Connection to Symphony Spurs Gift for Its Future
San Francisco Symphony lover Russ Irwin has lived in the Bay Area his entire life, and his family has been in the region for generations. His great-grandfather on his mother's side was a foreman on the narrow gauge railroad out of Point Reyes Station. His great-grandmother on his father's side was postmaster of the Lorin District in Berkeley.
Russ' history with the Symphony is also extensive. As a child, neighbors took him and other children from Albany to the Symphony's Young People's Concerts. During college, Russ volunteered as an usher at the War Memorial Opera House, the Symphony's erstwhile home.
Russ was steeped in classical standards in his early life, but an encounter with one of the greatest musical innovators of the 20th century solidified his interest in the future of orchestral music. In 1956, at an Oakland Symphony performance, Russ introduced himself to Igor Stravinsky as the composer walked up the aisle. Russ recalls his ecstatic greeting, "Maestro, I'm so happy I didn't have to wait 150 years to like your music!"
Russ' interest in, and commitment to, contemporary classical music continues to this day. As a board member of the Ojai Music Festival, Russ has formed friendships with many of today's leading composers and conductors.
Russ made his initial foray into commissioning music when he became involved in a Meet the Composer Project for emerging female composers, a competition partially funded with the remaining assets of the Women's Philharmonic. Dorothy Chang won the competition, and her composition was performed at the Cabrillo Festival, but Russ still keeps an ear out for all the finalists. He has since commissioned numerous other contemporary works.
Russ has been equally invested in other important facets of the Symphony's future—encouraging young musicians and audience members. For years, Russ has volunteered at the Symphony's Concerts for Kids performances, special weekday concerts for school groups that are presented at Davies Symphony Hall and serve 30,000 students throughout Northern California.
Russ has also chaperoned a tour by the San Francisco Symphony Youth Orchestra. He fondly remembers the incredibly warm reception by audiences in Berlin, Munich and Prague. He still enjoys encountering many of his now grown charges at Davies Symphony Hall, although he admits they usually recognize him first.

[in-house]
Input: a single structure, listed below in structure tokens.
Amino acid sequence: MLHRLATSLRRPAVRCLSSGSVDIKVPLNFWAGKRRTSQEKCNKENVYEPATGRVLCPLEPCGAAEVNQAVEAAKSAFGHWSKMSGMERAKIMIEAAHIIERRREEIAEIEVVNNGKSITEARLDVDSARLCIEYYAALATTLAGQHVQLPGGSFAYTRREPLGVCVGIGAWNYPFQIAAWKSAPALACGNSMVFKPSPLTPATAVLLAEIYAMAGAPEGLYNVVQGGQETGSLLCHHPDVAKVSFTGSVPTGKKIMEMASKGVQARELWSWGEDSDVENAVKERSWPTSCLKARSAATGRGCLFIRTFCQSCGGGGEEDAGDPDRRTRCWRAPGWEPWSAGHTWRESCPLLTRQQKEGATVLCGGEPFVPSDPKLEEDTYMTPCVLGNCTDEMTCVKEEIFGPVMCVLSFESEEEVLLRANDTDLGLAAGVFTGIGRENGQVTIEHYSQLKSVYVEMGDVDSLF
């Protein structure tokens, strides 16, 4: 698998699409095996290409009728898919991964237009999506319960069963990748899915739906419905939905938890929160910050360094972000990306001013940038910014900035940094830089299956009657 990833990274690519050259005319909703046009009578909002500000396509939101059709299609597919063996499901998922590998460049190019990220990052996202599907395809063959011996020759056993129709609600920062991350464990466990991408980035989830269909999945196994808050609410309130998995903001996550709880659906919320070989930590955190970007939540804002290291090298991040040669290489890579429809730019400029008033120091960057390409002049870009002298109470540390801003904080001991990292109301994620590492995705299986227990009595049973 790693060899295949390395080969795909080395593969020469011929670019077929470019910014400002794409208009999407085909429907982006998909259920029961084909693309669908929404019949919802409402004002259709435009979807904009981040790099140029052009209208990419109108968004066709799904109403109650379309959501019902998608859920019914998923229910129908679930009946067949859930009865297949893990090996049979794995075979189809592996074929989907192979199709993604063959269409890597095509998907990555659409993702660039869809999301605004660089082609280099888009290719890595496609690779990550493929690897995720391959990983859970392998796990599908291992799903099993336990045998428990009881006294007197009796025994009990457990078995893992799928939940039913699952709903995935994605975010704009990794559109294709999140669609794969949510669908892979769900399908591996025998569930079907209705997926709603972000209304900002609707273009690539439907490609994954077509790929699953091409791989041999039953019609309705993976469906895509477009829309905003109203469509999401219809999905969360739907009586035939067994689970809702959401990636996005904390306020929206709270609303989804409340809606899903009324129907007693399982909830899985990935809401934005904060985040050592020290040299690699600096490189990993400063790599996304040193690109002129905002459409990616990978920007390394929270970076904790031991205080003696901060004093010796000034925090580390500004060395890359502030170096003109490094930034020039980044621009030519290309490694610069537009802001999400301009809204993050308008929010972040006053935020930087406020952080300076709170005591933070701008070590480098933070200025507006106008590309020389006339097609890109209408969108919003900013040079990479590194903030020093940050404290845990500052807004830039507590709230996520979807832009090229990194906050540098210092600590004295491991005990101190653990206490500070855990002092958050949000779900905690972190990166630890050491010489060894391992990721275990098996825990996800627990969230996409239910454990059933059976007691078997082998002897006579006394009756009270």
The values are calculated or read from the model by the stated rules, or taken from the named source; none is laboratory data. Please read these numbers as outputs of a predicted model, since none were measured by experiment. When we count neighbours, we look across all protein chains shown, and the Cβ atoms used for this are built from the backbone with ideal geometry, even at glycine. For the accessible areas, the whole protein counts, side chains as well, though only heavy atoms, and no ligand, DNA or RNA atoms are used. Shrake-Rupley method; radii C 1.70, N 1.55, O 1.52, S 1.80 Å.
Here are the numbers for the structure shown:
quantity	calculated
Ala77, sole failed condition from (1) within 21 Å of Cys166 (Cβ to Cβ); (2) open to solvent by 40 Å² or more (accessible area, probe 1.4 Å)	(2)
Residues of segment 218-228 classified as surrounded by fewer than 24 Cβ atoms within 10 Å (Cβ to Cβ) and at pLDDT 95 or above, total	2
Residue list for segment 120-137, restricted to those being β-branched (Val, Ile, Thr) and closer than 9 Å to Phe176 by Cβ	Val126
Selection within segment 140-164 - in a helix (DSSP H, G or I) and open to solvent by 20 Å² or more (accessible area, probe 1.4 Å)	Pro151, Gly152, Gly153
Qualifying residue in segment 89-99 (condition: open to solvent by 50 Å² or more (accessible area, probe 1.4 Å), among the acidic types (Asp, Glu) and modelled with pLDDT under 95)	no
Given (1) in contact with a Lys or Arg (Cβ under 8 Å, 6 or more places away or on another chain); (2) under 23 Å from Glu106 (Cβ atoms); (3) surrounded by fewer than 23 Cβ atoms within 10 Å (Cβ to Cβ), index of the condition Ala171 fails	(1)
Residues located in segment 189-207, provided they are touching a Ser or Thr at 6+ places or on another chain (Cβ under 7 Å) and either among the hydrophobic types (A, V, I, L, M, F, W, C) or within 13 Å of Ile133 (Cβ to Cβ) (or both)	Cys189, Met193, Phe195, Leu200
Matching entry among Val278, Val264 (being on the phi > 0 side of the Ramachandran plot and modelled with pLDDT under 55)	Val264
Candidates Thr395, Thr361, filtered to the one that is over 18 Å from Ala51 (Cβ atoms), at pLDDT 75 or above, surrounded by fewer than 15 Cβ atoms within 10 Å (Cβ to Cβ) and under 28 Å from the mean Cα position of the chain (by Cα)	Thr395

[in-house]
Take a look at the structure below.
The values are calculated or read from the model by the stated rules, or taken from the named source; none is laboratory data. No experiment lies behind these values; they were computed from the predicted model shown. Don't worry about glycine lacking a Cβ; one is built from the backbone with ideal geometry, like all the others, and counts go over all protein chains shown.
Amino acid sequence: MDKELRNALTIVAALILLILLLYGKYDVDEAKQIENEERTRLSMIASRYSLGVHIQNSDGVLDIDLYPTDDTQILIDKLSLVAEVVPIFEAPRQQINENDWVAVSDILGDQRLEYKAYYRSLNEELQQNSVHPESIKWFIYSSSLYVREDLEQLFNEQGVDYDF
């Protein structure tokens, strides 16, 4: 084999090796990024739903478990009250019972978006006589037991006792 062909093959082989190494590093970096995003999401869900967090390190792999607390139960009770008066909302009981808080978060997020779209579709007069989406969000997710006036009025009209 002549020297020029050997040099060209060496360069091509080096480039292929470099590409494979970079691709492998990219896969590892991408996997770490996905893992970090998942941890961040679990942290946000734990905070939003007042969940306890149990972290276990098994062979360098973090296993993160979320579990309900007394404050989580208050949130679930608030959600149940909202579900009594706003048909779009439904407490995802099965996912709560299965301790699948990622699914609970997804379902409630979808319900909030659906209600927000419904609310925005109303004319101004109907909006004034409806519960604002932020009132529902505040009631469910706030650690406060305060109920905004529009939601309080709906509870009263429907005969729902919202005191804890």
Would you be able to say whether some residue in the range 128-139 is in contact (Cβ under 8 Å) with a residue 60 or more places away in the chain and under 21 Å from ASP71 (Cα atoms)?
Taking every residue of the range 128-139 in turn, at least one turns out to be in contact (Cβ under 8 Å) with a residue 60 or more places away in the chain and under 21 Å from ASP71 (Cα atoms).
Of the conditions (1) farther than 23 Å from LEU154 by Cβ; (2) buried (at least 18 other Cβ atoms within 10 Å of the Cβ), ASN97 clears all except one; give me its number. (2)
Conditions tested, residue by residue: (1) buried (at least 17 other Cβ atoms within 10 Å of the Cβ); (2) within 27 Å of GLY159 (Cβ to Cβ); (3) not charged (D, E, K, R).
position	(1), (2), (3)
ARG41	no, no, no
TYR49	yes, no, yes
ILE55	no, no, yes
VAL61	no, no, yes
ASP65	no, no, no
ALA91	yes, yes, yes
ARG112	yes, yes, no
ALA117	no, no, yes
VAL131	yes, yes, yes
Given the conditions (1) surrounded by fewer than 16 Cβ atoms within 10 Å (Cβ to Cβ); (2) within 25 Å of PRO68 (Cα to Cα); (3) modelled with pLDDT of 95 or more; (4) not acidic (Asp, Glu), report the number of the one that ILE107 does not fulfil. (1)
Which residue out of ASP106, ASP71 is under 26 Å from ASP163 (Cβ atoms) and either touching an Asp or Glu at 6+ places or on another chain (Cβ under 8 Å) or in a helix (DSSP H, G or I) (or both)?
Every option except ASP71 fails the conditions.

Russ thoroughly enjoys the personal, enriching connections he has made through his musical involvement and—in keeping with his visionary tastes—has made a significant commitment to the Symphony's future by including a gift to the Symphony's education programs in his estate plan. By doing so, he has helped ensure access to classical music for the Bay Area's current and future generations.
You can follow in Russ' footsteps and extend your support for the Symphony's future with a gift in your estate plan. Contact David Zhang, J.D. at email@example.com or 415-503-5445 to get started.
The information on this website is not intended as legal or tax advice. For such advice, please consult an attorney or tax advisor. Figures cited in examples are for hypothetical purposes only and are subject to change. References to estate and income taxes include federal taxes only. State income/estate taxes or state law may impact your results. Annuities are subject to regulation by the State of California. Payments under such agreements, however, are not protected or otherwise guaranteed by any government agency or the California Life and Health Insurance Guarantee Association. A charitable gift annuity is not regulated by the Oklahoma Insurance Department and is not protected by a guaranty association affiliated with the Oklahoma Insurance Department. Charitable gift annuities are not regulated by and are not under the jurisdiction of the South Dakota Division of Insurance.